Does this mean those that live for attention to detail and dotting all the i‘s and crossing the t‘s are doomed? Of course not! Everyone has strengths and weaknesses that contribute to what makes them unique. The important thing to see here is that whether or not you like perfectionism, it does not predict your ability to be a competent physician, psychiatrist, student, or worker.

For the perfectionist and non-perfectionist alike, give our question banks a try- FREE- using our Free Trial! Or if you’re ready to take the plunge, check out our Question Banks and find the perfect 😉 fit for you! Or, contact us with any questions you have.

REF: Parker, W. D., & Mills, C. J. (1996). The incidence of perfectionism in gifted students. Gifted Child Quarterly40(4), 194-199.

Parker, W. D. (1997). An empirical typology of perfectionism in academically talented children. American Educational Research Journal34(3), 545-562.

Avoiding Burnout at the End of the Year

We’re almost to the finish line of 2022! This time of year is rife with the possibilities of BURNOUT. Are you starting to feel the creeping feelings of exhaustion, alienation, or reduced performance? Or just feeling like you’re ready to be DONE with this phase? Burnout is common, especially among care providers, but it doesn’t have to take over your Holiday season. We have tips and tricks on how to avoid the end of year burnout so you can finish out strong.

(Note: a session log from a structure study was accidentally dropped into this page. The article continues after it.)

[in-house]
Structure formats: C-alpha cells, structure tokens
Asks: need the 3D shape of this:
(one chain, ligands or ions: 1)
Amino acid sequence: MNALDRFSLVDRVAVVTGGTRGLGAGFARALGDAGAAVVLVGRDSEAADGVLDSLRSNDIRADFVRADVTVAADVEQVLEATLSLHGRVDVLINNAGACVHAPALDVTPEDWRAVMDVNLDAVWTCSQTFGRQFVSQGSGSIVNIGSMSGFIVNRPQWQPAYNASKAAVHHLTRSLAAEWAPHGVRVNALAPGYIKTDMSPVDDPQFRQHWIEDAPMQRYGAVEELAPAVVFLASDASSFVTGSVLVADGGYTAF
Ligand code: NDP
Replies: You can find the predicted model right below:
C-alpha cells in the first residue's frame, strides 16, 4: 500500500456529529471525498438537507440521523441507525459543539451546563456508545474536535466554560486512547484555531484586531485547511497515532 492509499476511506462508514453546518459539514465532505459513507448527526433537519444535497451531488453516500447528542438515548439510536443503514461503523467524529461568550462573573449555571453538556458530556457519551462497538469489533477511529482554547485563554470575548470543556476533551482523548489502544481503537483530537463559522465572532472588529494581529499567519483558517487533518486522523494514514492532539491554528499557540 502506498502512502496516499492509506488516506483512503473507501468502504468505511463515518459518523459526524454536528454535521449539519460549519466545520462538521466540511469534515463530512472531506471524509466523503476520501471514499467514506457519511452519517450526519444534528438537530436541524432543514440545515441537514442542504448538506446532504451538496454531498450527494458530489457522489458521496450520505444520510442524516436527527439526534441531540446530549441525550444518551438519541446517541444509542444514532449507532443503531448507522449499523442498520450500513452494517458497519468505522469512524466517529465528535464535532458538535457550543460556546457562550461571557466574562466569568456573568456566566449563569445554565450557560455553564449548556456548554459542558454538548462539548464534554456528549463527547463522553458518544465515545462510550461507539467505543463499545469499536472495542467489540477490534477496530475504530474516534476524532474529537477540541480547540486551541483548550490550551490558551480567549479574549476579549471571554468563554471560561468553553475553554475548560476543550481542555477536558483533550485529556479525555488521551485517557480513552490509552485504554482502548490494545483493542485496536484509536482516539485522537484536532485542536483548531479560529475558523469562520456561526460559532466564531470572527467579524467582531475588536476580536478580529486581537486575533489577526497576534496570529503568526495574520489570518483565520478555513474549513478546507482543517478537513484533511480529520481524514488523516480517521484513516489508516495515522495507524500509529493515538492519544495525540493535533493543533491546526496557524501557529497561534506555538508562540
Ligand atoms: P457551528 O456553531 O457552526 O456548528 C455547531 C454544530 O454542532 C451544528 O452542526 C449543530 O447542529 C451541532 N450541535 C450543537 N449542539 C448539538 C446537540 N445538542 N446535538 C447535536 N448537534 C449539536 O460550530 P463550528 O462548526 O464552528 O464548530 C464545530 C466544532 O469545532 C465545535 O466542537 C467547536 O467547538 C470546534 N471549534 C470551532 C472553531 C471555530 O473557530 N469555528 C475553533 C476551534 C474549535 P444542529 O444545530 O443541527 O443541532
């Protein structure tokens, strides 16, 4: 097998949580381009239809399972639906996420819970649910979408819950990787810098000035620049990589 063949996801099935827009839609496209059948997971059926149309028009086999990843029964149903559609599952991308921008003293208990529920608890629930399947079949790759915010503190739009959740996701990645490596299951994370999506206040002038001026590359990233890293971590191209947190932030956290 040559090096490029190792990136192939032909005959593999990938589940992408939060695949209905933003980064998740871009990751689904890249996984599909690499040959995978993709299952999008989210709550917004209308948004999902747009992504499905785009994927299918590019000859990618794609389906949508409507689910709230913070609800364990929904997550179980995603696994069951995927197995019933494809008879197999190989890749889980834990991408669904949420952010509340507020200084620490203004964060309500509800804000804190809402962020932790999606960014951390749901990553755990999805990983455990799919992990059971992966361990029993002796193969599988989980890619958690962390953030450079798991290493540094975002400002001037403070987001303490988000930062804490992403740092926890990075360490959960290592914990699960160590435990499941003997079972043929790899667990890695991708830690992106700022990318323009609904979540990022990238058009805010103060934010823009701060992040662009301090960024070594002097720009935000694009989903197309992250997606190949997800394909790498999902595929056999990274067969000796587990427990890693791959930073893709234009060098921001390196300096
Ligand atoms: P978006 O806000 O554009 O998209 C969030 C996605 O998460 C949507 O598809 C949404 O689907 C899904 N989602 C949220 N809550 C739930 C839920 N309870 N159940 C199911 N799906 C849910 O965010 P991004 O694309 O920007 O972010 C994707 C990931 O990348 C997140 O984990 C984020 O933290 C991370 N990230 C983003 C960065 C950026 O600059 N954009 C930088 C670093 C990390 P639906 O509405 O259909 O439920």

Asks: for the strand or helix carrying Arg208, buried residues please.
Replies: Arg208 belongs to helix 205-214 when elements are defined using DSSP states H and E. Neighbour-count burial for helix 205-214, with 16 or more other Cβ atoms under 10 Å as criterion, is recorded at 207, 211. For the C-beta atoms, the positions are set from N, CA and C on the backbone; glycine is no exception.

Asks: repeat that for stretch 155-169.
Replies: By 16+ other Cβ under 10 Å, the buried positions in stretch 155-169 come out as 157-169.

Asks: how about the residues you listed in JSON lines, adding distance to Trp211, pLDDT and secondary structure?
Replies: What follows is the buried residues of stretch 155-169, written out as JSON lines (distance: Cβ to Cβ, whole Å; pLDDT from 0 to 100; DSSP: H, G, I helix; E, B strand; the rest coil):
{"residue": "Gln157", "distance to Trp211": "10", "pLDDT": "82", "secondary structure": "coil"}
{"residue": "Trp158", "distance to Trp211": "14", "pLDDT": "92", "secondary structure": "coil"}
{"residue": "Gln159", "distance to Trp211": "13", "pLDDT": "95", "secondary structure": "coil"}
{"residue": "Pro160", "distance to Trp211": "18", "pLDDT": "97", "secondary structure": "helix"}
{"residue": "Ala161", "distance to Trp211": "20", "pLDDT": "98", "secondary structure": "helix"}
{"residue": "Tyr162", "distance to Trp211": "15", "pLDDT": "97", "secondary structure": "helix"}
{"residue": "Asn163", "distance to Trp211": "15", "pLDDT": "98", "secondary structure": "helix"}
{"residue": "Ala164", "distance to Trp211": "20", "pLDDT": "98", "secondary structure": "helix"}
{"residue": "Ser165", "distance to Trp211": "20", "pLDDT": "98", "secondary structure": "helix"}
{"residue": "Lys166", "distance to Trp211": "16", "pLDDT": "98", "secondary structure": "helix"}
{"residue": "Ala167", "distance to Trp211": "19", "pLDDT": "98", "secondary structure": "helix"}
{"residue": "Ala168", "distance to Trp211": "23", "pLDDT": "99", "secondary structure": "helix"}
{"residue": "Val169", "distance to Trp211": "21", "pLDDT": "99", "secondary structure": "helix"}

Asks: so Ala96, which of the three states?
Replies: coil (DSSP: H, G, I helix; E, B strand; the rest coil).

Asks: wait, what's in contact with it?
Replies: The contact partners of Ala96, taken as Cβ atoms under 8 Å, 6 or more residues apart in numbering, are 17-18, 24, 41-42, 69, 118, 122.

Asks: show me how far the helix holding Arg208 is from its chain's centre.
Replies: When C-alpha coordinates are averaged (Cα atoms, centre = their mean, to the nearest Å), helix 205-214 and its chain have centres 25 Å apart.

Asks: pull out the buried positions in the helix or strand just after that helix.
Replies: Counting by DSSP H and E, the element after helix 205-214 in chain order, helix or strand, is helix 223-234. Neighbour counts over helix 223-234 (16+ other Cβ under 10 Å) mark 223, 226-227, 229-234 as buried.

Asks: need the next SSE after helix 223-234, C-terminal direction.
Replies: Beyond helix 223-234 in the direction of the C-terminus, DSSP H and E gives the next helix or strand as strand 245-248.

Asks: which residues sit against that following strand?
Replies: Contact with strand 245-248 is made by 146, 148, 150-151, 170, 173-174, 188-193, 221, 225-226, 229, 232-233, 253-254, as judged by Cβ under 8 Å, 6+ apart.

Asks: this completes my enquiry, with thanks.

man lying on road with burnout marks

What is burnout and why are we talking about this?

First, what exactly is burnout, and what causes it? This might seem like a silly question. But it’s worth talking about for a second. According to Mayo Clinic, burnout is “…a state of physical or emotional exhaustion that also involves a sense of reduced accomplishment and loss of personal identity”. In other words, you’ve been doing the same (or similar enough) things for a long time and you’ve reached your capacity to keep doing it at the same performance level.

This is important to talk about because burnout and depression share a lot of similar symptoms. And while you might be experiencing the dragging feeling of typical tiredness, late October through end of February are the months when some folks tend to face the worst symptoms of depression as well. Why? A few reasons are the culprit: Seasonal Affective Disorder (SAD), spurred by the lack of sunshine and being cooped up inside, holidays spent without family or friends (whether due to a death or alienation), or inversely holidays spent WITH family or friends that are not safe to be around can be the top of the list.